Even though I was having that during my pregnancy, but it was my first time being pregnant. I thought that was normal. I thought the cramping was normal. And the extreme fatigue, I thought that was normal. But found out it wasn't. So that's what prompted him to say, "Let me get a second look at this and really take it out and so we can send it for pathology." And that's what it came out to be. So I'm glad that even when I wasn't even thinking that it could be cancer, that my doctor at the time took the initiative to say, "Hey, I still think [inaudible 00:14:33] tumor bore testing."

Martha Donoghue:

So thinking outside the box and putting that big picture together was something that was really important for you.

Tamron Little:

Right.

Martha Donoghue:

And you're very lucky about that.

Tamron Little:

Right.

Martha Donoghue:

Thank you, Tamron. Now Lisa,-

Tamron Little:

Thank you.

Martha Donoghue:

... could I turn to you next if you wouldn't mind just sharing a little bit about that initial stage of your journey with rare cancer EHE?

Lisa De Young:

Sure, absolutely. So I live in the San Francisco Bay Area, and I started out at my local private hospital. I had a very tiny bump in my neck that only I could really feel when I would wash my face. There was something about the suds going over my throat where I could feel this little tiny bump. And I went to a series of medical professionals, not only in my primary care office, but also my OB-GYN office, my dermatologist. And no one seemed to be overly concerned. In fact, I felt a little dismissed because I was there saying, "This is not normal for me. This is not going away. This is not resolving." And I really didn't feel heard.

And in fact, at one point, I saw one provider, and they almost alluded to the fact that it could be hormonal related and was somehow connected to maybe hormones of some sort. So finally, I was sent to an ENT. And the ENT suggested that, in addition to imaging, that we do a fine needle aspiration. And at that point, I was just wanting to try and figure out what this was. And I didn't realize that there were CT guided fine needle aspirations, but he just felt around my neck and put a syringe in and the results came back unremarkable.

And so he said, "However with lumps and bumps in the body, it's never a good idea to leave those things in your body. It's better to remove them." So I tried to get on his surgical schedule three different times and had absolutely no luck and got very frustrated. And this was going on over a period of many, many months before I actually found out what I had. And I ended up going to a second ENT out of frustration. And immediately, he was very concerned. He thought I had lymphoma. And he said, "We're not really going to know what we're dealing with here until I get in there and we do a biopsy."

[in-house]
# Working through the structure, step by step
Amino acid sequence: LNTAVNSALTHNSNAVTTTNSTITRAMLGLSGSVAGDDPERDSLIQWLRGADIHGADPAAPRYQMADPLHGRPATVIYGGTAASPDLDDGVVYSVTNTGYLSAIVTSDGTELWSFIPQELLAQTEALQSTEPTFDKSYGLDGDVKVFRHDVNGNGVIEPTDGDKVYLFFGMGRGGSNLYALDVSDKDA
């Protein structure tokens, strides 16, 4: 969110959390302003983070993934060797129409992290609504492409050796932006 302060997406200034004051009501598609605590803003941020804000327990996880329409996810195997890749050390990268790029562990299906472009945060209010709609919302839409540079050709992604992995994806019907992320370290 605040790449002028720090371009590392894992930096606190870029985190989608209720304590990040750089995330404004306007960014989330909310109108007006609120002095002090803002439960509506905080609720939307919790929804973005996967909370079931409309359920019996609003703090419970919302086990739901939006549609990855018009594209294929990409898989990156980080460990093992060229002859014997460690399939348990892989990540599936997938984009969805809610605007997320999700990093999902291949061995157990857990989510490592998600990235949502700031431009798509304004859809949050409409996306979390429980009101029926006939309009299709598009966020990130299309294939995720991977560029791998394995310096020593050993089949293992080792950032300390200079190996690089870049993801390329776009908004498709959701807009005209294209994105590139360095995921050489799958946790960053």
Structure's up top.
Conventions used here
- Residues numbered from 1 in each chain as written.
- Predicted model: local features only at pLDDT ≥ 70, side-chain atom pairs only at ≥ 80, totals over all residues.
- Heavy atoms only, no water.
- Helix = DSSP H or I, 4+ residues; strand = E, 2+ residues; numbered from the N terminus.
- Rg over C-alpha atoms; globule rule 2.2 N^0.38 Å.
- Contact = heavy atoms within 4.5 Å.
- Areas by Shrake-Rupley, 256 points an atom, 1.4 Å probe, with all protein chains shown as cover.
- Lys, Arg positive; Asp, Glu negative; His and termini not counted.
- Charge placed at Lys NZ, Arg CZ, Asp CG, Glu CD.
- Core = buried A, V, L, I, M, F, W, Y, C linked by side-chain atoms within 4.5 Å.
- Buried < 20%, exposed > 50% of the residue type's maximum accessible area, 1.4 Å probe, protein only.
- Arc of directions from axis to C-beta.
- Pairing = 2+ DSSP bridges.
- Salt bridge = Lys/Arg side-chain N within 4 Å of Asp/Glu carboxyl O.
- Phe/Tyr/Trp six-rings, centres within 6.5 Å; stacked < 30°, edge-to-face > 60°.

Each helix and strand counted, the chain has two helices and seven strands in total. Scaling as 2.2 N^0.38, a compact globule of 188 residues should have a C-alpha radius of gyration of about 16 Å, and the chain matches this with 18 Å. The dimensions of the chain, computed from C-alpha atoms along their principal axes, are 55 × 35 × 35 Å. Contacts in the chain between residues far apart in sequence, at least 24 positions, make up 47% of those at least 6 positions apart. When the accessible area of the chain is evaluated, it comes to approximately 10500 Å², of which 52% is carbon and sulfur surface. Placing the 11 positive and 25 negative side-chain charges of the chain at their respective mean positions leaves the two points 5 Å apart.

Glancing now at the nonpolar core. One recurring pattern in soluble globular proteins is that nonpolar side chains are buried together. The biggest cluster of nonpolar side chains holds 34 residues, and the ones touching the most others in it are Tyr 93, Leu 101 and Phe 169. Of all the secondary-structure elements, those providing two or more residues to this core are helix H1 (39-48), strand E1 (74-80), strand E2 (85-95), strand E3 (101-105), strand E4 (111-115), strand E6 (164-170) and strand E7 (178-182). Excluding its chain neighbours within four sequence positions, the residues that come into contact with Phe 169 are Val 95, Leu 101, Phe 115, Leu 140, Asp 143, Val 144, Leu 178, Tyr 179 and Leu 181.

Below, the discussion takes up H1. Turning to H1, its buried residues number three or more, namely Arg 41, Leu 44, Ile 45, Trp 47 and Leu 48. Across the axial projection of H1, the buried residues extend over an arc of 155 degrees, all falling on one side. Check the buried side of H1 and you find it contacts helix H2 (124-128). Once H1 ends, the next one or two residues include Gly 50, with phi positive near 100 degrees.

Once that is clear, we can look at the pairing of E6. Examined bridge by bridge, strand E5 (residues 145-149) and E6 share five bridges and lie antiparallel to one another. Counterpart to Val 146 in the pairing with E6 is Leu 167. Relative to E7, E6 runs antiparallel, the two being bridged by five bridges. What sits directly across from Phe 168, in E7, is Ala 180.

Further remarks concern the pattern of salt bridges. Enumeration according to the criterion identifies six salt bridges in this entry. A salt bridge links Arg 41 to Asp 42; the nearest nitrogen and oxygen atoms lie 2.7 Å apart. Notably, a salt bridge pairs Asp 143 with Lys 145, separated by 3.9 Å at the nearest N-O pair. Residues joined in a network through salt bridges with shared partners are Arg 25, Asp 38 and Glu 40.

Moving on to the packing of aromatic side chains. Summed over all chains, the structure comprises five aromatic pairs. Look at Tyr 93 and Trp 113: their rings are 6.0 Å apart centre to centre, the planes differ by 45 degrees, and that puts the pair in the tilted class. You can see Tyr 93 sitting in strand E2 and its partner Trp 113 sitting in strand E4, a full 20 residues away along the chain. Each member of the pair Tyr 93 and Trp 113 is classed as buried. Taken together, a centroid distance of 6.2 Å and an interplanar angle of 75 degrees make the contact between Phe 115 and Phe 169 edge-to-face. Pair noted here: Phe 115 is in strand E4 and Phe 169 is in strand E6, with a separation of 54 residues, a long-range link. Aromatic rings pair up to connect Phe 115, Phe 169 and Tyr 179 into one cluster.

So I had a biopsy done in January of 2012. And I got a phone call from him two weeks later saying, "I'm just so sorry to tell you this, but you have stage four breast cancer." And it was just like something that came right out of left field, and it hit a very sensitive nerve because my mother and my sister and my niece have all had breast cancer. So it immediately put me into panic mode. And we were scrambling. And I had a port installed anticipating that I was going to be starting chemotherapy treatments. And all of a sudden, all my imaging and my labs started coming back within normal range. And things just weren't adding up. Something was not right.

And so I requested that my pathology be sent out from my local private hospital to UCSF and Stanford. And that was actually a lifesaving decision for me. And eventually, it came back as a very rare sarcoma called epithelioid hemangioendothelioma. This is a very rare vascular tumor, a one in a million tumor that likes to grow in the lining of blood vessels. And so by that point, I already had the port put in, it was the first time in my surgeon's career, 40 plus year career, where she installed a port and removed one that had never been used. And so I knew at that point I needed a higher tier of care that my local private hospital was not equipped to deal with something so rare.

And so I headed to Stanford. And I was very, very blessed to be treated by the chief of head and neck surgery. And through his skilled hands, I had a modified radical neck dissection in April of 2012. And they discovered that my tumor had actually started to grow in a branch of my jugular vein on the left side. So they removed that in its entirety along with 27 lymph nodes. And fortunately for me, it had not spread. So I received no other adjunct therapy or treatment after my surgery, just surveillance and scans. But the whole experience turned my world just completely upside down. And I had a child at the time... Not a child, I had a young man at the time away at college who was completely traumatized thinking his mother was going to die. And the whole experience of the waiting and the not knowing.

And one of my first consultations with an oncologist, again, because we were under the assumption that I had breast cancer, I waited in this room for an hour. My husband and I and a very good friend, retired orthopedic nurse, waited for an hour and 40 minutes to be seen. And when she came in, she apologized and she said, "I'm so sorry." She said, "I've been on Google this whole time trying to figure out what you have." And at that point, I hadn't even been told that I didn't have breast cancer. And I said, "Well, what do you mean?" And she said, "Has no one called you, has no one told you, you don't have breast cancer, you have this very rare form of sarcoma?"